WASHINGTON — Next year’s Top 100 Major Appliance Retailers Report should show a significant improvement in sales volume, thanks in no small measure to the State Energy Efficient Appliance Rebate Program (SEEARP).
But while the federally funded, statemanaged program boosted springtime sales, and succeeded in its core mandate of stimulating the economy, its ultimate effect on the majap industry was mixed.
That is the assessment of The Association of Home Appliance Manufacturers (AHAM), which found that the so-called “cash-for-appliance” program’s modest funding and complicated rollout limited its effectiveness in saving consumers energy and money.
As a result, the trade association is calling on Congress to renew the effort as a single, nationwide program with more substantial subsidies.
AHAM acknowledged that the rebates, funded through the American Recovery and Reinvestment Act, have been “very successful” in encouraging U.S. consumers to purchase Energy Star-rated appliances. Indeed, many manufacturers experienced a “significant increase” in demand for the energy-efficient white goods covered by the program, AHAM reported, while major retailers have also confi rmed that SEEARP helped bring consumers back into stores.
The impact of the program was reflected in AHAM’s April factory shipment report, which showed a nearly 20 percent increase in unit shipments of major home appliances compared with April 2009. Shipments of core appliances were also up 9.1 percent for the first quarter of 2010, following four consecutive years of declines.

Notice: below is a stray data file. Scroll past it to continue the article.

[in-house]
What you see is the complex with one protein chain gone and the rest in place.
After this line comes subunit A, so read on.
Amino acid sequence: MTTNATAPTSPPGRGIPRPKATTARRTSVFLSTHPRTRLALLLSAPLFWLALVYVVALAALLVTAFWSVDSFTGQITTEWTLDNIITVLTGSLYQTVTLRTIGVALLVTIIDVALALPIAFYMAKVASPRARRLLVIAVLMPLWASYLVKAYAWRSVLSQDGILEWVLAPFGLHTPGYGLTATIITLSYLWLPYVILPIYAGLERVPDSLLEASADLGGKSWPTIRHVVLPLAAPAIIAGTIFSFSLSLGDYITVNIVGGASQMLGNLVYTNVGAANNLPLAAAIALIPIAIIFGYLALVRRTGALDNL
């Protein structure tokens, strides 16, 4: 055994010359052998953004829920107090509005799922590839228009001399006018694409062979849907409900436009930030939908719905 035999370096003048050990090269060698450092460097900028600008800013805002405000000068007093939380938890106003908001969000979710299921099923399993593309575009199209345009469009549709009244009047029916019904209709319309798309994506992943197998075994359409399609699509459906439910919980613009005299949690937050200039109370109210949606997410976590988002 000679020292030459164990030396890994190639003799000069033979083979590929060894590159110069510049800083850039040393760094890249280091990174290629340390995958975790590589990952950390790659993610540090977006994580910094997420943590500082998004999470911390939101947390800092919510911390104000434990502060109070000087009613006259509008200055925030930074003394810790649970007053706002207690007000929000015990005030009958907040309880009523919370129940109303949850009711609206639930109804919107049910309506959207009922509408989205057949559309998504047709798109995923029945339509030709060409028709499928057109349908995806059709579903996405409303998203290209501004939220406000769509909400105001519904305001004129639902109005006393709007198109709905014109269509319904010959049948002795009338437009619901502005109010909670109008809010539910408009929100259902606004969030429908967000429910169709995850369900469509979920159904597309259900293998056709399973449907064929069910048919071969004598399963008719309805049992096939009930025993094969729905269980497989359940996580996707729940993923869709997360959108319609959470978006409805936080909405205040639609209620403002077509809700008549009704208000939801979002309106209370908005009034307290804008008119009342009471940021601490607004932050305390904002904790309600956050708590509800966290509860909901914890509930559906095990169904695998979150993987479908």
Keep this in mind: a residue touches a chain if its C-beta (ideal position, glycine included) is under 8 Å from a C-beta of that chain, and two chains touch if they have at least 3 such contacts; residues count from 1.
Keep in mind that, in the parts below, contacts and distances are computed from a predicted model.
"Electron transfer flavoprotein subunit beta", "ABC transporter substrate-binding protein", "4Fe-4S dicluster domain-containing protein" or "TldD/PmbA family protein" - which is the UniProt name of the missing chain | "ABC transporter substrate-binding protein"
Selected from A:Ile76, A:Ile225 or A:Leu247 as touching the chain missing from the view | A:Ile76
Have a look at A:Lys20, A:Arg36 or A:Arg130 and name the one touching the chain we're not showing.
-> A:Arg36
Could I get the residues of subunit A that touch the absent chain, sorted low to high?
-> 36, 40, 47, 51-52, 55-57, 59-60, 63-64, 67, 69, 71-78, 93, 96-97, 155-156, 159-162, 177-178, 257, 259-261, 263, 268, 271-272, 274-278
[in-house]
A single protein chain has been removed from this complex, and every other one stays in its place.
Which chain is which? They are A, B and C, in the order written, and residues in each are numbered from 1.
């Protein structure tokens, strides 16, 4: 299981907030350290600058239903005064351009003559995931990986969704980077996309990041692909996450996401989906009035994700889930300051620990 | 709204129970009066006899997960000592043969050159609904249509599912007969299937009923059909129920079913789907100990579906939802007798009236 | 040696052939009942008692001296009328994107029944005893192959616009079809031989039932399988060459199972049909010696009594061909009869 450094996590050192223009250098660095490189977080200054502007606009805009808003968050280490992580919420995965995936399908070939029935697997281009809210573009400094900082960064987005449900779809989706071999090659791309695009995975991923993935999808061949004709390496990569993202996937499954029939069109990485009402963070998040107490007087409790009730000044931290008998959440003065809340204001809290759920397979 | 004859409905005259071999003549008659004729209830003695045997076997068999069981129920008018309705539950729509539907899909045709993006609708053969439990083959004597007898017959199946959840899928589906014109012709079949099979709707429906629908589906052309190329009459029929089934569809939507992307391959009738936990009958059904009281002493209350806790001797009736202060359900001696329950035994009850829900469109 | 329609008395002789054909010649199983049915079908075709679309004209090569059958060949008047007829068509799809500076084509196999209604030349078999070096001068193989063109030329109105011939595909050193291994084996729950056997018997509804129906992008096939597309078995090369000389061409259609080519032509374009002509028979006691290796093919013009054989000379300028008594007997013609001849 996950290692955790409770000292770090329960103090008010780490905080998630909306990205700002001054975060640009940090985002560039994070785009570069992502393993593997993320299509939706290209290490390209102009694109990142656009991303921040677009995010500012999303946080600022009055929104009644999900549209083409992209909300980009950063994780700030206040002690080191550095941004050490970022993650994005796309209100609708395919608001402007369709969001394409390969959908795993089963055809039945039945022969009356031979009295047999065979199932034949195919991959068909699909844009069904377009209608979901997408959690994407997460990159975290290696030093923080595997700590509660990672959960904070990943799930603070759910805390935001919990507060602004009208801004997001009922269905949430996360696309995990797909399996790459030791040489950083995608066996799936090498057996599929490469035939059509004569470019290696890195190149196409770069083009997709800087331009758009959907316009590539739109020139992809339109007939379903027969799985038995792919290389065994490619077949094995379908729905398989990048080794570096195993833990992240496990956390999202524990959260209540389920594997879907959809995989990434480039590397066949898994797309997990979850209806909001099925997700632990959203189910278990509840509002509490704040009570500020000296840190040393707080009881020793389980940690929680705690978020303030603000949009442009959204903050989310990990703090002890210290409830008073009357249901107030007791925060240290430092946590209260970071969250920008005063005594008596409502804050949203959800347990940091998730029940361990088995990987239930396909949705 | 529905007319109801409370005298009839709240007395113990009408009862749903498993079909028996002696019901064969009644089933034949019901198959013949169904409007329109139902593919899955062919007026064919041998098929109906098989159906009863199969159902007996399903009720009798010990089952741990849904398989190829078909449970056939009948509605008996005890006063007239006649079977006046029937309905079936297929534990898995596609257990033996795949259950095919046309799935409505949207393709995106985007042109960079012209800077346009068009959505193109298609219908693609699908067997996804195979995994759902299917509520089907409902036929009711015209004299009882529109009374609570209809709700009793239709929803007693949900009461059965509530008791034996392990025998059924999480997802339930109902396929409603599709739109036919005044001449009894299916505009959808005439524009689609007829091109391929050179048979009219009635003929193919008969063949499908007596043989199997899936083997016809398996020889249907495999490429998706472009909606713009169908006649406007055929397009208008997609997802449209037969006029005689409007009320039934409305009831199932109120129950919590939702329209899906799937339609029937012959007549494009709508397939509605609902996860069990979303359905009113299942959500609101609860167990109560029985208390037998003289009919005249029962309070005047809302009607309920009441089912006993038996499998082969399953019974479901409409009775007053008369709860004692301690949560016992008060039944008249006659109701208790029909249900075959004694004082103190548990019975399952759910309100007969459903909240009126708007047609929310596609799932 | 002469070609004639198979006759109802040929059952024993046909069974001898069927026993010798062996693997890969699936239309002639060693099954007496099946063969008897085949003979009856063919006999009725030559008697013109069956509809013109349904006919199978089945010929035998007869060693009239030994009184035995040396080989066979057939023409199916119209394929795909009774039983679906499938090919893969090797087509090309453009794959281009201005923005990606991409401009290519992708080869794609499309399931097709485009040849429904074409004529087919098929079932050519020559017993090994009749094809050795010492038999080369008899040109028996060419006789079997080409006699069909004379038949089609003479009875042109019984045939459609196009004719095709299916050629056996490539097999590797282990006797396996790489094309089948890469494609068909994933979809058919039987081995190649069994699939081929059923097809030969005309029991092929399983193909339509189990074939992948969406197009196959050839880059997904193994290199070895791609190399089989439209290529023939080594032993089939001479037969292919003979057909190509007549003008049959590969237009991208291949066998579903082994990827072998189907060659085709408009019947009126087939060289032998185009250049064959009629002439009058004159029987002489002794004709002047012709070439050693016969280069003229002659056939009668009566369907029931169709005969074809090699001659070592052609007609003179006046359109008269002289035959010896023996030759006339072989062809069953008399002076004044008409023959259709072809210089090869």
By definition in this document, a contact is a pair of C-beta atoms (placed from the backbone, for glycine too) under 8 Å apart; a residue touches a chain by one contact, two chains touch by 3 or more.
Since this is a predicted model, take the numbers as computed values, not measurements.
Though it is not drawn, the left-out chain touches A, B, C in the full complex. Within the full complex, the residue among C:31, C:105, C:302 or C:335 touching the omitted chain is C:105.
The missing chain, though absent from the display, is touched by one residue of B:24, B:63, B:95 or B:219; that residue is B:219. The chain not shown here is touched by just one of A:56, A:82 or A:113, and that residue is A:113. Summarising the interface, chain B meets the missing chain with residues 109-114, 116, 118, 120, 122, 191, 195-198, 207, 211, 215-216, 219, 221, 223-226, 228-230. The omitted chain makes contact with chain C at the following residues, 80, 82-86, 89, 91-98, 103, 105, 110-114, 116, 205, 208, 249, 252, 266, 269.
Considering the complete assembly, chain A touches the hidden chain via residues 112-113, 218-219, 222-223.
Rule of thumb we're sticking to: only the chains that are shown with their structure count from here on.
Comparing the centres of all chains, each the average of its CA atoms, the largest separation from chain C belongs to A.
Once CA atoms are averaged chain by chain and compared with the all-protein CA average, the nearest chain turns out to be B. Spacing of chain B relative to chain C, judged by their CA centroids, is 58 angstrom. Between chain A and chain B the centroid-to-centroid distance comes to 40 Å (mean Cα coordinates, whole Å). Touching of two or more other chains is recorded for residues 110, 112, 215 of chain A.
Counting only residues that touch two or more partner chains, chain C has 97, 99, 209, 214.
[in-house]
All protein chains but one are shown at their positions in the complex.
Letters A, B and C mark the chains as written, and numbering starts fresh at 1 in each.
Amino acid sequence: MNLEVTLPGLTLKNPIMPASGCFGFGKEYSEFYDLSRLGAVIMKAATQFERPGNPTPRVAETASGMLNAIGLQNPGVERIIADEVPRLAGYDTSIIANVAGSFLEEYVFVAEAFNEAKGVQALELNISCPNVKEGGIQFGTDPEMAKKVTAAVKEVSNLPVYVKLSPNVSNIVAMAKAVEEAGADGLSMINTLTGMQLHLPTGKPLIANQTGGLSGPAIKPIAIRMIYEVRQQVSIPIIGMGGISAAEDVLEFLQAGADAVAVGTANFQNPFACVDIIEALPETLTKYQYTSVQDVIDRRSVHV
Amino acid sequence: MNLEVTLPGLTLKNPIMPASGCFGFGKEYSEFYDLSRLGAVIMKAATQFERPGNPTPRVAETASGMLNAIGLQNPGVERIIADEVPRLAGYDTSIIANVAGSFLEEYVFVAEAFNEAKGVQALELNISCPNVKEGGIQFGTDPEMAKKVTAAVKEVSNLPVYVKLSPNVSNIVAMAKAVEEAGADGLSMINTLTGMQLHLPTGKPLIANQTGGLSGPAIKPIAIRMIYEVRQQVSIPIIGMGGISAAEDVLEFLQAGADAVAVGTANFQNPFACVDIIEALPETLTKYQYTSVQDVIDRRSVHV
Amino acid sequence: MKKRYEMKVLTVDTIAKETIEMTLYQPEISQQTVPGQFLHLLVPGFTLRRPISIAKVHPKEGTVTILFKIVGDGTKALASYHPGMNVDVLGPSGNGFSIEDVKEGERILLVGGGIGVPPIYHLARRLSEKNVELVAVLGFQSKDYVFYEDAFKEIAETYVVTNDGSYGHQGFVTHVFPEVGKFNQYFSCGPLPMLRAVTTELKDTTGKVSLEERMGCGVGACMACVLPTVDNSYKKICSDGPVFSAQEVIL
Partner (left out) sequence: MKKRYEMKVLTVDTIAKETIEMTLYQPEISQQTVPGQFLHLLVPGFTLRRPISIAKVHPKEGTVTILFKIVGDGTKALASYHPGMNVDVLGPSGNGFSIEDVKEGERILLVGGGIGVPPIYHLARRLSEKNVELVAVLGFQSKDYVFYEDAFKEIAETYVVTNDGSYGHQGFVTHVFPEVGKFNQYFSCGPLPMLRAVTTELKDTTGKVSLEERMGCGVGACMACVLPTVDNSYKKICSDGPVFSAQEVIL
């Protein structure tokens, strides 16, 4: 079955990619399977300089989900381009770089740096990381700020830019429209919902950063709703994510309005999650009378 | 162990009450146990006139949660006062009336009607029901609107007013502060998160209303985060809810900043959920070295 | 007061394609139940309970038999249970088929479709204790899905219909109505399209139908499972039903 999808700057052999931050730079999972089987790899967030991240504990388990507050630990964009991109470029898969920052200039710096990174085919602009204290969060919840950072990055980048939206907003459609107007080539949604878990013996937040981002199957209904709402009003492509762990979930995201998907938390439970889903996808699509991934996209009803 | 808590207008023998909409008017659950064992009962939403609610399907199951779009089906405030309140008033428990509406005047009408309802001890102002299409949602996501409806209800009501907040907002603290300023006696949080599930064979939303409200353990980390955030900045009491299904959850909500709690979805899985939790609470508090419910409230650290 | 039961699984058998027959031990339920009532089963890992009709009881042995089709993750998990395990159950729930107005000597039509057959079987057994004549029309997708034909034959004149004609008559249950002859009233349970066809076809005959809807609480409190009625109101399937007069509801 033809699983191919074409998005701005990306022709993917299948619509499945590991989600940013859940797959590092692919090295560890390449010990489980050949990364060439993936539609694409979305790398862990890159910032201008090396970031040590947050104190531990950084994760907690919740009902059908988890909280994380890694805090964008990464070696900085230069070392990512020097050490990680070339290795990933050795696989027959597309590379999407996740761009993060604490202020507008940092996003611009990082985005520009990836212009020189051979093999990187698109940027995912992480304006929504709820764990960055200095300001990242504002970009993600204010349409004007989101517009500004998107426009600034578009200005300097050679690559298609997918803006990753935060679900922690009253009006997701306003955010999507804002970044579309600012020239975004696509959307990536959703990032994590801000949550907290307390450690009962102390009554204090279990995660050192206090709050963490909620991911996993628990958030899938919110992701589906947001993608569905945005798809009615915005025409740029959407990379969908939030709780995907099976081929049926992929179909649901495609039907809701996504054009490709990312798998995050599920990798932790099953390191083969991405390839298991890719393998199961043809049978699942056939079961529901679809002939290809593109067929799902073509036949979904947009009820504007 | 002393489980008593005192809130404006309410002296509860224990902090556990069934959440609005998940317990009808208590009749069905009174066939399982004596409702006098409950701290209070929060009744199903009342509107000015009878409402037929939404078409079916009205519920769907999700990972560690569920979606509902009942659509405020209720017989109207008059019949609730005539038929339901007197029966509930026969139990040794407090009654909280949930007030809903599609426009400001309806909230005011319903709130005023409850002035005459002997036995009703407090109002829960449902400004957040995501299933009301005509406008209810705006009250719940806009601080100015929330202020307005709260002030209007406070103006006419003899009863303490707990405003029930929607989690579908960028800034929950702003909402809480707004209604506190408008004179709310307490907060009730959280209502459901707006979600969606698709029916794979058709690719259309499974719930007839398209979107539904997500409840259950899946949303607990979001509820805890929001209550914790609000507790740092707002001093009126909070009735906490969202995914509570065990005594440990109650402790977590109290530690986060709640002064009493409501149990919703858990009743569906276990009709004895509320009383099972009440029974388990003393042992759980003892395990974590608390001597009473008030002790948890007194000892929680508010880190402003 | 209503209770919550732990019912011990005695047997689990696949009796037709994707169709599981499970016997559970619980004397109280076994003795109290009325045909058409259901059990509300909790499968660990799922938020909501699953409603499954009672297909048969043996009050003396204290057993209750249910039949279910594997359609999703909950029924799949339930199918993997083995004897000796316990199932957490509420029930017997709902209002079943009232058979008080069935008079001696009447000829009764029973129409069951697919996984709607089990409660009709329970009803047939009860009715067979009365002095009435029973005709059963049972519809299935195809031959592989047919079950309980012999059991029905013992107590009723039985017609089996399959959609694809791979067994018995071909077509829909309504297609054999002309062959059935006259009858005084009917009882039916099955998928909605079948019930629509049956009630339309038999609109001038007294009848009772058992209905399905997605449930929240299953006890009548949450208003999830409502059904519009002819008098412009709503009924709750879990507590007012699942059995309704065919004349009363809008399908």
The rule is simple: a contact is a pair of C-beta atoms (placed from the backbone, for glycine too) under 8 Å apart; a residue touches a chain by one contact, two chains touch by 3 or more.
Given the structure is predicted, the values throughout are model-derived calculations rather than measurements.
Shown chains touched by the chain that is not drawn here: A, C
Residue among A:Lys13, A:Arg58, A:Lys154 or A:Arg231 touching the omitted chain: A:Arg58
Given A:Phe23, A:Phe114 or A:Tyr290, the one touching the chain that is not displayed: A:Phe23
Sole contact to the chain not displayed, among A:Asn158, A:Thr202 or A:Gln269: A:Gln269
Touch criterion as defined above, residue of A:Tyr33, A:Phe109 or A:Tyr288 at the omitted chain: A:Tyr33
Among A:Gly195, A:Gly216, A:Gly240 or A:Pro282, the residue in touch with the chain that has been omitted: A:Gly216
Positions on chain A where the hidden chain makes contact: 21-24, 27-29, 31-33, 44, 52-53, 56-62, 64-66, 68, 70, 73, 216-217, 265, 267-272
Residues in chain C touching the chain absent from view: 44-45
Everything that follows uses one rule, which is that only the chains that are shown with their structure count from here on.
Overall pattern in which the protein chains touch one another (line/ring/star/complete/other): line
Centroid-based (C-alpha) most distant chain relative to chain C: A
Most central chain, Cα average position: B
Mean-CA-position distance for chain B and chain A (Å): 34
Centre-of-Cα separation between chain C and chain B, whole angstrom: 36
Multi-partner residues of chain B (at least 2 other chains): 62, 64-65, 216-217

“People who were sitting on the fence deciding whether to repair or replace their appliance were offered a compelling incentive to purchase a new energy efficient product,” AHAM president Joseph McGuire said.
While the program’s $300 million funding was significantly less than other stimulus programs, the return of consumers to stores also helped stimulate the purchase of goods other than appliances, AHAM observed.
However, McGuire argued that the program’s limited funding and complicated rollout limited its effectiveness, and AHAM is urging Congress to renew the rebates with additional funding and process improvements.
Specifically, AHAM recommends a single, national rebate program instead of 50 separate state programs, each requiring separate DOE approval and related administrative costs. A consistent nationwide program, it argues, would make it much easier for manufacturers to partner with retailers to develop promotional campaigns to make consumers aware of the rebates.
“The large number of individual programs made it next to impossible for manufacturers to follow all of them and to relay information to consumers and retailers,” McGuire said. “A single program, supported by focused messaging, Web sites, and information would improve consumer satisfaction and improve the success of the program.”
AHAM noted that funding appeared to have been allocated more smoothly and more quickly in states that used a reservation system. Allowing consumers to receive the rebate up front or at the time of purchase is a much greater incentive than a mail-in procedure, the trade group observed, and seemed to result in fewer consumer concerns and should lead to fewer consumer disappointments in the future.